Disney also extends its brand reach and boosts brand recall by collaborating with an impressive range of fashion, FMCG, entertainment, lifestyle, and beauty businesses, including Uniqlo, Adidas, Gucci, Barbie, and Zara. The collaborations are targeted well and mean they remain relevant and visible to a wide range of audiences—without ever losing that unmistakable (and valuable) Disney feel.

What brands can learn from Disney’s approach to collaboration

Take a leaf out of Disney’s branding book and seek out like-minded or interesting businesses to collaborate with. This could be anything from co-producing an e-book or digital report, hosting an event, or developing a product or service in tandem. Naturally, you want to avoid conflicts of interest and make sure the partners you choose share similar values. Plus, you want to be confident that the workload and promotional benefits will be equal. But when you align yourself with the right partners, it can help amplify your brand and bring it to life.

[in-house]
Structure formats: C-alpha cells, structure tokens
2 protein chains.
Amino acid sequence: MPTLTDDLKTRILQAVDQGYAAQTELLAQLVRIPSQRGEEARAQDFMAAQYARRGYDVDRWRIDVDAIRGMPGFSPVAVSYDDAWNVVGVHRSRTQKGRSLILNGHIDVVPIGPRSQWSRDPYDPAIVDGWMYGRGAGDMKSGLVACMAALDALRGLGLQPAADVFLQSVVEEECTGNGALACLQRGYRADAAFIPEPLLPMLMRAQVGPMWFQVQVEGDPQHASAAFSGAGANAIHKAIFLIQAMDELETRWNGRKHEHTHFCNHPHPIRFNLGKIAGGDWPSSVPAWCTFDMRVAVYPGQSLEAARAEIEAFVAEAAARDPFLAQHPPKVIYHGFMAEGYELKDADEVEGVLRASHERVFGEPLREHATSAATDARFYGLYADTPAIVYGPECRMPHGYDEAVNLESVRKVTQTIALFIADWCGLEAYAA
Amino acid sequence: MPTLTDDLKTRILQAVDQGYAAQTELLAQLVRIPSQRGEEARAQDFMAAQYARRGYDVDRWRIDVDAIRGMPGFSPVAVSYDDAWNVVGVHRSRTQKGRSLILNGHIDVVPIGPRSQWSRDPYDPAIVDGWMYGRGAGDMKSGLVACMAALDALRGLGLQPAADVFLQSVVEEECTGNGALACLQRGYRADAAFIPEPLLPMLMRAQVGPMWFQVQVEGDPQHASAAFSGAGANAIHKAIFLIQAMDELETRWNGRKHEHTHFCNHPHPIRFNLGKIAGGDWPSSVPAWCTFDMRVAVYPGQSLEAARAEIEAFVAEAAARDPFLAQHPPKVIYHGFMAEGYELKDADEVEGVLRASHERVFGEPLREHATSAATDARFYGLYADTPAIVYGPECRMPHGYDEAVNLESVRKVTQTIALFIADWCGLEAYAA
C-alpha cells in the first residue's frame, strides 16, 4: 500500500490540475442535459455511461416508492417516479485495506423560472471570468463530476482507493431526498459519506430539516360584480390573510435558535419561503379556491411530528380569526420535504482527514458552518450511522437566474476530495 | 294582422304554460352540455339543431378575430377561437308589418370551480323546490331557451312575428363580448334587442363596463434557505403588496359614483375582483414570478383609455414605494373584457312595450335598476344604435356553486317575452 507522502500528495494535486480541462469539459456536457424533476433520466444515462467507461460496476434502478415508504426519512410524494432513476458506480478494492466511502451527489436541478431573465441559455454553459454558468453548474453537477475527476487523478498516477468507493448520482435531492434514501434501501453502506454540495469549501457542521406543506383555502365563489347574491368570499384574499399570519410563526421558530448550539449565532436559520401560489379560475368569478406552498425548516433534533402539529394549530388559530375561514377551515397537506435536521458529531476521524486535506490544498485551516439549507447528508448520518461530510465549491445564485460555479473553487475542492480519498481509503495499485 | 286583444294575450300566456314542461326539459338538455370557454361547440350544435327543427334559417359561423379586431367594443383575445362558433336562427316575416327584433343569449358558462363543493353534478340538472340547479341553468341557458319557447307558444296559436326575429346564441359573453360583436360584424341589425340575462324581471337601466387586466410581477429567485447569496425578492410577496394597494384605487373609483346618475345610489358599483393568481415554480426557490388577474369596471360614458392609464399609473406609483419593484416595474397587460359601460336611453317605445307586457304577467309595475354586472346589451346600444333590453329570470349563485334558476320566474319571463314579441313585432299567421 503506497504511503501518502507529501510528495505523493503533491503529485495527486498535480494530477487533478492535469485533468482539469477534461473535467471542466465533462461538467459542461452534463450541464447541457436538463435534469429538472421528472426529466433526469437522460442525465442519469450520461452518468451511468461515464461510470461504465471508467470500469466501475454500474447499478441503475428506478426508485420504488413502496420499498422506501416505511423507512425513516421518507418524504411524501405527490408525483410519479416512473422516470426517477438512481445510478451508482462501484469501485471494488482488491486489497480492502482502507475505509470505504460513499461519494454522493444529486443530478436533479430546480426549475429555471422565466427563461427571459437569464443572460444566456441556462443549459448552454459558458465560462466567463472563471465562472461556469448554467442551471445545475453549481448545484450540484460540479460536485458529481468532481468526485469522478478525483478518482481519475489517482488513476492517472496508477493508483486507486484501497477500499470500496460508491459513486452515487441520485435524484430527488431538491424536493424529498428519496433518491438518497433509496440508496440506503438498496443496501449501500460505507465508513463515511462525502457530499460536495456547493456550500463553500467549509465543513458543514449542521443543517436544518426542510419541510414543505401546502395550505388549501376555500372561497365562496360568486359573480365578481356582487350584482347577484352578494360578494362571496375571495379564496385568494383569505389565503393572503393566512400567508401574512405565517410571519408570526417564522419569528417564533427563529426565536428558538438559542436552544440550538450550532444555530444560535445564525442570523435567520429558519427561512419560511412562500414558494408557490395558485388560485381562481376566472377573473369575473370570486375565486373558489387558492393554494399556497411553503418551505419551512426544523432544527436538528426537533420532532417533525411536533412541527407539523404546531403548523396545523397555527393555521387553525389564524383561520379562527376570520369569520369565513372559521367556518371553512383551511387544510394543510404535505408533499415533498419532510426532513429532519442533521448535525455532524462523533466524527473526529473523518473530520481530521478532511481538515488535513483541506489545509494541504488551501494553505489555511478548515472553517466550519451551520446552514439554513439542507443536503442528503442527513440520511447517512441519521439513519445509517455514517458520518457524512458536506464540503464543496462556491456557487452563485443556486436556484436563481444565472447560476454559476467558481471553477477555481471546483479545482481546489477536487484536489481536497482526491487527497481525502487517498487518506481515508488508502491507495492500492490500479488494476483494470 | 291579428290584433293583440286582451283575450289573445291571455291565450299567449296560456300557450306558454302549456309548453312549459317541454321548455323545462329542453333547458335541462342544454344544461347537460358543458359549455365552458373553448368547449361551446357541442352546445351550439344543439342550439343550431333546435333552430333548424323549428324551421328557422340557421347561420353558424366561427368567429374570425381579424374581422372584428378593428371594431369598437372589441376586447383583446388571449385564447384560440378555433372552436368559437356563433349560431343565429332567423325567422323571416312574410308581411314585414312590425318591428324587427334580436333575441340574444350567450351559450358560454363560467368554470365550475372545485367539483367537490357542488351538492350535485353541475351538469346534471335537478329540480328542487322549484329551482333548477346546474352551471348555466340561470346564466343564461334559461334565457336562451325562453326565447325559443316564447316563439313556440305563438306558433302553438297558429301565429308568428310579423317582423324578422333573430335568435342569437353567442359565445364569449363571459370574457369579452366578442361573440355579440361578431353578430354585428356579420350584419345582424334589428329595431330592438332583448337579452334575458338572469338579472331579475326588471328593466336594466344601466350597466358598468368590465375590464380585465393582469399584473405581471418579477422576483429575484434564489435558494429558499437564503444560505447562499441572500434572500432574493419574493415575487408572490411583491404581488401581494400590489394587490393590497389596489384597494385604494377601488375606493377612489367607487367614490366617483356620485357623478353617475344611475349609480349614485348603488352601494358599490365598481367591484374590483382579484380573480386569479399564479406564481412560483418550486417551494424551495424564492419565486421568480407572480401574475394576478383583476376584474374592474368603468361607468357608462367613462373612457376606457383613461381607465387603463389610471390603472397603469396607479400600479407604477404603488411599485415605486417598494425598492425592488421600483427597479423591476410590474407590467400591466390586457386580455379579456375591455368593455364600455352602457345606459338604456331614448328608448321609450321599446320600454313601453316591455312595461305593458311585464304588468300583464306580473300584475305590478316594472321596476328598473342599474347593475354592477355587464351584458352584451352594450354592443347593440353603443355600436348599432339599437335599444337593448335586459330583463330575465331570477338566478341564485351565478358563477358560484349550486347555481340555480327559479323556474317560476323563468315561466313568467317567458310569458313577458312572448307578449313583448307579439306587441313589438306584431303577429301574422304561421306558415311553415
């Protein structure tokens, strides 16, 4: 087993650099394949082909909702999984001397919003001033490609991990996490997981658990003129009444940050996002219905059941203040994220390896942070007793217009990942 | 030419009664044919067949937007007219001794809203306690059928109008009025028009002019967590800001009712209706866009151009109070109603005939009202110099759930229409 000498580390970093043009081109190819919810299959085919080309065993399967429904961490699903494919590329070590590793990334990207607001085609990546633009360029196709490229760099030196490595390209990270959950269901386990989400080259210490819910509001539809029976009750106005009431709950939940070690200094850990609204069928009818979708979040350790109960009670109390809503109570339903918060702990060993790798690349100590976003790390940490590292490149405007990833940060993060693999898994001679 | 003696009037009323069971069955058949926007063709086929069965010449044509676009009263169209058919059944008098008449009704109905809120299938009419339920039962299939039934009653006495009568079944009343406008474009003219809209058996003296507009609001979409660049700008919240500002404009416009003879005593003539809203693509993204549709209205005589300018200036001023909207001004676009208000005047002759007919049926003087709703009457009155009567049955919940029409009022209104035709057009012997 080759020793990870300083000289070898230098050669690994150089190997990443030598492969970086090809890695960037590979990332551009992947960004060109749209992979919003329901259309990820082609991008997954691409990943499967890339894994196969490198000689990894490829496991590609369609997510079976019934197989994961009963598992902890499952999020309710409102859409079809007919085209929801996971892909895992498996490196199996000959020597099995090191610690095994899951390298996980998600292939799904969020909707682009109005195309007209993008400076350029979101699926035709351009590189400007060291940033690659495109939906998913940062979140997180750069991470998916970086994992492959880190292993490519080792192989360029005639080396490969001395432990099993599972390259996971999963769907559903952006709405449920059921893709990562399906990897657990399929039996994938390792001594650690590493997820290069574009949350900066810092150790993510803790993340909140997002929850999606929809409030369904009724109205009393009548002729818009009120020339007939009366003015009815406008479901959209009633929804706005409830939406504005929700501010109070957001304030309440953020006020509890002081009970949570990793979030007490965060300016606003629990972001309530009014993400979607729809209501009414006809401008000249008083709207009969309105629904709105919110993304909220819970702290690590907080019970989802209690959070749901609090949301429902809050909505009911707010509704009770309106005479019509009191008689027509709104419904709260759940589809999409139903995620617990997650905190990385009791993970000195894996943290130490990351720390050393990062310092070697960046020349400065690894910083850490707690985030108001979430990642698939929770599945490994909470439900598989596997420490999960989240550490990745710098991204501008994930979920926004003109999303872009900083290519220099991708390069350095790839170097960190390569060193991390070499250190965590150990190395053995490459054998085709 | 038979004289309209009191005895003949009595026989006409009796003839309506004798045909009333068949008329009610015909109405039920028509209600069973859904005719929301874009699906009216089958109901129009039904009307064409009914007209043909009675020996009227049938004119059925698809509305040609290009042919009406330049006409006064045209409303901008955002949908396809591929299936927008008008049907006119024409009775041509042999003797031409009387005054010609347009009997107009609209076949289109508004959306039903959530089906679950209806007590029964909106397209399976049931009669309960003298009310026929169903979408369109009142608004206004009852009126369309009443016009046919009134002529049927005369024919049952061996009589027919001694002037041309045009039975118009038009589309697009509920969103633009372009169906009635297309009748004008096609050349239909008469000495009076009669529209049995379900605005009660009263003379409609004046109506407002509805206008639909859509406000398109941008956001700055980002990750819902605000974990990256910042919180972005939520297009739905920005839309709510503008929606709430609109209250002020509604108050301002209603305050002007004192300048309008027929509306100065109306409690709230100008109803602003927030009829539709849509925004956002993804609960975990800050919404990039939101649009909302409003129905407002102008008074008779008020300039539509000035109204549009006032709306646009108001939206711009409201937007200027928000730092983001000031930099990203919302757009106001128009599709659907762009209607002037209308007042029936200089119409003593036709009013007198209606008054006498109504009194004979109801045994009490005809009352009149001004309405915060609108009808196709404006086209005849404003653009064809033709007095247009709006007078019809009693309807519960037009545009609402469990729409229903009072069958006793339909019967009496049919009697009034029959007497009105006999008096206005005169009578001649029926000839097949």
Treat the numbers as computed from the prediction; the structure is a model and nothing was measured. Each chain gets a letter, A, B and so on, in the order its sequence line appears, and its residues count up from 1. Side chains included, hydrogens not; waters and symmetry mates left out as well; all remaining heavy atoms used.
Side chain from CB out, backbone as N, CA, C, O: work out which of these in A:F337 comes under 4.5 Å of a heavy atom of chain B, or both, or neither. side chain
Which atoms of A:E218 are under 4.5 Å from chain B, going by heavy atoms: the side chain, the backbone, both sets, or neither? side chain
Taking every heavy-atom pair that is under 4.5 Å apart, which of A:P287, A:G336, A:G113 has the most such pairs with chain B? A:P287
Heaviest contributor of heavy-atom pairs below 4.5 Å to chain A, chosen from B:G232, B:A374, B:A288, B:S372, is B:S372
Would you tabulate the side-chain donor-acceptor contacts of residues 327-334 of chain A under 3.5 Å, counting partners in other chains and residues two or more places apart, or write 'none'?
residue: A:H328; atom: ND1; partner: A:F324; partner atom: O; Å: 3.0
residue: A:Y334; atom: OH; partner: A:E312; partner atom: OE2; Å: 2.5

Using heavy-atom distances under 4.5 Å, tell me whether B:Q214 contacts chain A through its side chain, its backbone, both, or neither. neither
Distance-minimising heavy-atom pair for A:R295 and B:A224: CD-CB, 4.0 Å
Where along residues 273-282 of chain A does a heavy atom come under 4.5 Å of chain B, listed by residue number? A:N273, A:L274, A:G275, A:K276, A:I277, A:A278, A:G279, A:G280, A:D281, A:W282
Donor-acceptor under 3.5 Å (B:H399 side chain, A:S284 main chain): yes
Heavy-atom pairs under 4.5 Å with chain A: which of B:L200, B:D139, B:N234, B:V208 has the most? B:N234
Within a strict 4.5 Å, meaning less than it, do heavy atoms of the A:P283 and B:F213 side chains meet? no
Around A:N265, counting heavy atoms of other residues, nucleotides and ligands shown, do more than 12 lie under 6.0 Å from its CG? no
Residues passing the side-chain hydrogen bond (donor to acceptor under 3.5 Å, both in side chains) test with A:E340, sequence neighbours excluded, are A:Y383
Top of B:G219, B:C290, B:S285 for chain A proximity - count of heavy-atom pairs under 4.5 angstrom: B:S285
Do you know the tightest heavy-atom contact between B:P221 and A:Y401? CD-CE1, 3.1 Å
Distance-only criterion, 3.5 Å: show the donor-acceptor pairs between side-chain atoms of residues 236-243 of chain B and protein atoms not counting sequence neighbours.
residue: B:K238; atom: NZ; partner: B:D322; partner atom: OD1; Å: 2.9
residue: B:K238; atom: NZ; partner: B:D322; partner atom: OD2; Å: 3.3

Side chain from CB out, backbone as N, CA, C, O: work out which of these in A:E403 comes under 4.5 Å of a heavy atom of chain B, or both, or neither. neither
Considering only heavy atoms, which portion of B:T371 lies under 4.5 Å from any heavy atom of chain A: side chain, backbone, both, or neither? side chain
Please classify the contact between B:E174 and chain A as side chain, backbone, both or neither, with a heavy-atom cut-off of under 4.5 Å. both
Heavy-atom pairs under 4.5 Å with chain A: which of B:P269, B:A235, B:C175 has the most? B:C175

Disney has led the way in delivering original content for nearly 100 years, turning traditional marketing approaches on their head. Rather than starting with a physical product and building a story around it, they have set themselves apart by focusing on a powerful story and bolstering it with a dizzying array of merch and experiences.

While this isn’t always an appropriate strategy for today’s businesses to emulate, it serves as a useful reminder to always think outside the accepted ways of doing things. As long as you keep your audience in mind, focus on great storytelling, and are prepared to grow and change, your brand should enjoy the long-term success it deserves.

As Walt Disney himself said, “if you can dream it, you can do it.”